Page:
Get rid of your fuel supply chain
Energy security or environmental sustainability? A tricky question, used by “fossilized” commentators to make you think that those are mutually exclusive. Well, these guys just trick themselves, as a sustainable energy grid is also the most secure. Main reason - it has torpedoed its fuel supply chain. Here is my new article, elaborating on this point (like anyone actually needs it, but I felt I had to get this down on paper, even for the same of my own clarity).
I have once worked with a coal-fired power plant, whose coal mine lay just 15 kilometers away. Coal was transported via a short stretch of a railroad. A risk of locomotive breakdown or any kind of trouble at the mine forced us to keep stocks of coal, which ate space and money. There were also other niceties, such as finding the window of your hotel room covered with black dust, after explosion works at the coal mine. Despite having a source of fossil fuel right at our doorstep, I wouldn’t call the energy supply system of that small city secure, and for sure it was (and still is) in no way sustainable.
I would argue that energy system security is as good as it’s fuel supply chain. Denmark is a case on point. The 1973 oil crisis has led Denmark to think hard about its energy mix. In the beginning of 1970’s oil fueled over 90% of Denmark. Today, more than 60% of energy comes from renewable sources, and there already have been many days on which Denmark ran purely on the energy of sun and wind.
Denmark energy experts, please feel free to correct me, but in my eyes, the essence of Denmark’s energy policy is avoiding the necessity of transporting fuel to the site of energy generation. Your coal, gas and even nuclear plants have to get their fuel shipped to them. Eliminating the need to buy fuel in far-away countries like Saudi Arabia (or even 15 kilometers from your power plant) eliminates several risks.
First, you eliminate the risk of fuel price change, and oil prices have made the name for themselves on price volatility even before the world learned of Bitcoin. Second, you do not have to worry that transport with your fuel will get stuck somewhere along the way. Oil tankers spill, or get blocked in canals, and even gas pipe explode, as we all have seen recently. Third, although we have fossil fuels in abundance, suppliers can experience shortage in times of accidents or wars, like now. Coal mines are especially prone to accidents, usually with high fatality rates. Finally, when you get your fossil fuel to your power station, you usually cannot burn it straight away, and have to store it somewhere. That is costly, and is also environmentally dangerous, as was proved by an oil spill in Norilsk not so long ago. Looking at all these risks makes me wonder who in their right mind would call a fossil-fuel based energy system secure, when it is obviously not so by definition? This type of energy system will always bear fuel supplier risks. Eliminating this risks seems a no-brainer. Going green, installing wind turbines and photovoltaic panels removes your fuel supply chain and associated risks. You get your fuel at the place of generation for free. There are no transport costs involved. Combining renewable energy technologies with battery storage or hydrogen gives you additional energy security.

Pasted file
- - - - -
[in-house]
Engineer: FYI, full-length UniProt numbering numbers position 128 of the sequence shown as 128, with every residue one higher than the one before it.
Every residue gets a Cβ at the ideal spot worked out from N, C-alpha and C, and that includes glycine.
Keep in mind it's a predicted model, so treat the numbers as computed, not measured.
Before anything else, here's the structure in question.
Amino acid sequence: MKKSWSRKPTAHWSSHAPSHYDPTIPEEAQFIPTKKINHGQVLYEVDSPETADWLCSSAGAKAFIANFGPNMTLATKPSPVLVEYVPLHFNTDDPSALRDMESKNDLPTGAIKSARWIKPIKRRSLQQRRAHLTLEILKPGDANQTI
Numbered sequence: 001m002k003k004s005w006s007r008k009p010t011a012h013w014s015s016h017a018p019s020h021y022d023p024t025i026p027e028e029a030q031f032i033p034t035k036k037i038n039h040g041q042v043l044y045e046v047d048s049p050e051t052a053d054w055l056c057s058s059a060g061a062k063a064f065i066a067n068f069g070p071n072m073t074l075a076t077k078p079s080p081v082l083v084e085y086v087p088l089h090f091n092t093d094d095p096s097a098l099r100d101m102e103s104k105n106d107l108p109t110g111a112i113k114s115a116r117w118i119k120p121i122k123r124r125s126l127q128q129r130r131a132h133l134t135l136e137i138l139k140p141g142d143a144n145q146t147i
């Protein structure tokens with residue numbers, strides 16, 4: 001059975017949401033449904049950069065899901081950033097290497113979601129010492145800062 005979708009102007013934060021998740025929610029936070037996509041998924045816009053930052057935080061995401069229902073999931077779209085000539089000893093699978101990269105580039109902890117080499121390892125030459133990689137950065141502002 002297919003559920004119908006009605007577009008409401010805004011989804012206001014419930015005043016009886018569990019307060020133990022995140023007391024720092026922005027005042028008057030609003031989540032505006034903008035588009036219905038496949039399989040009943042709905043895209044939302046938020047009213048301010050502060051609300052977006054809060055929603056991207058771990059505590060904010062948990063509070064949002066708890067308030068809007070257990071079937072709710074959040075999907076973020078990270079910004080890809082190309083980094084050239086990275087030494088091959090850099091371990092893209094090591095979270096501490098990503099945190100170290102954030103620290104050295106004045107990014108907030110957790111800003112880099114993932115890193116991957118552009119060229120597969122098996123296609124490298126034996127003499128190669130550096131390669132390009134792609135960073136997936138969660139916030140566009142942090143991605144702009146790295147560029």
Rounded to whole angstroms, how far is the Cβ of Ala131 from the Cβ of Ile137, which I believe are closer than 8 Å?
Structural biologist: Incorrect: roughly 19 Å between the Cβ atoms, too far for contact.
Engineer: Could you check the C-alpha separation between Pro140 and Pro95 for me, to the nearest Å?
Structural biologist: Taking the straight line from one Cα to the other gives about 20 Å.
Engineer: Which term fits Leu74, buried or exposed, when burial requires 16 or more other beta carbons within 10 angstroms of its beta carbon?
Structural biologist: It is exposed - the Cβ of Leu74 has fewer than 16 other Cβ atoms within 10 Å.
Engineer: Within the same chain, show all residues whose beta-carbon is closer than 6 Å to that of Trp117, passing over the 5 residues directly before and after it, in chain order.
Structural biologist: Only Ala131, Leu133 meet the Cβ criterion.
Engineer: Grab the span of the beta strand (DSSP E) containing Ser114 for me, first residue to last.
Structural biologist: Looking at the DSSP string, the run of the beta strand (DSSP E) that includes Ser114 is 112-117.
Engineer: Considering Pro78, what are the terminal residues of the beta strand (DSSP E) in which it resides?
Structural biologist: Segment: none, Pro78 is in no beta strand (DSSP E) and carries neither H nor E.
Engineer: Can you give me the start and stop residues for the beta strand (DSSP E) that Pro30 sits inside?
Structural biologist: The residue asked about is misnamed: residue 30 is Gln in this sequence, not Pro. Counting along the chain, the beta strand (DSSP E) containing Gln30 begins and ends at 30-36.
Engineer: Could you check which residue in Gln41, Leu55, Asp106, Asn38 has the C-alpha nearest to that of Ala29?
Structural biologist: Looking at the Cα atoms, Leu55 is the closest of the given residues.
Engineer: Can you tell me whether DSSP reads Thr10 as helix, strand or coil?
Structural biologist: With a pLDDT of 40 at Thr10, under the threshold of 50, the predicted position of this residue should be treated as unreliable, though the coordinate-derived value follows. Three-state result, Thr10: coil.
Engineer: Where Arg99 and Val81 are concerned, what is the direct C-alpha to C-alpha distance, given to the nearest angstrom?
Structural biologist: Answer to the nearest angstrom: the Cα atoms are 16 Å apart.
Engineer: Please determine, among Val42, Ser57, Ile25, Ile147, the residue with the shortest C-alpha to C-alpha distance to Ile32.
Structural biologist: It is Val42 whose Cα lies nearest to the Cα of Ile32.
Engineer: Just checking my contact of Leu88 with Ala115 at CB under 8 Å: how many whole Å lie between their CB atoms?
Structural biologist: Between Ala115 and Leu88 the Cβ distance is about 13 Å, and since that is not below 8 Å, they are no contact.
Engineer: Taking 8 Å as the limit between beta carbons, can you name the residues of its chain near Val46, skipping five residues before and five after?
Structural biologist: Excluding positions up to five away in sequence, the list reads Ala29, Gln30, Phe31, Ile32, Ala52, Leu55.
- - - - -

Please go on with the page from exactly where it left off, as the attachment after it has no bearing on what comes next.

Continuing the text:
Yet, the share of renewable electricity generated worldwide still shows only in single digit percentages. That’s of course due to the fact, that building solar and wind power stations has been a costly undertaking until recently. Recently however, this problem has been solved, even in places long opposed to renewable energy, like Russia, where it is now cheaper to build a wind farm than a gas-fired power plants. At the same time, current high energy prices are a textbook example of market signal, showing that current fossil-fuel based system is unable to provide reliable and cheap energy in a time of great stress.
Building renewable energy power is also faster. A solar power plant can be completed in 1,5 years. A wind farm may take longer, as you need to measure wind first, which could take you a couple of years. But once that done, it takes about a month to erect a wind turbine, taking in the foundations works. Manufacturing wind turbines is much faster and straightforward than manufacturing gas turbines or building nuclear reactors. So from the speed of the roll-out point of view, wind turbines and solar panels beat gas turbines and nuclear reactors. High energy prices today are caused by the problems along the fuel supply chain, both political and technical. This should serve as a reminder of the 1970’s oil crisis and of policies of countries like Denmark, which aimed to eliminate the fuel supply chain complexity and shift to a more secure and more sustainable energy system. It took Denmark almost 50 years to change its energy mix to a more sustainable and secure one. This time however, the transition period should be much shorter. Lower CAPEX and faster rollout rates, coupled with high energy prices, should mark the beginning of the widespread renewables adoption. Eliminating the fossil fuel supply chain will usher the age of secure and sustainable energy, hopefully making the current energy crisis last one that we have to experience.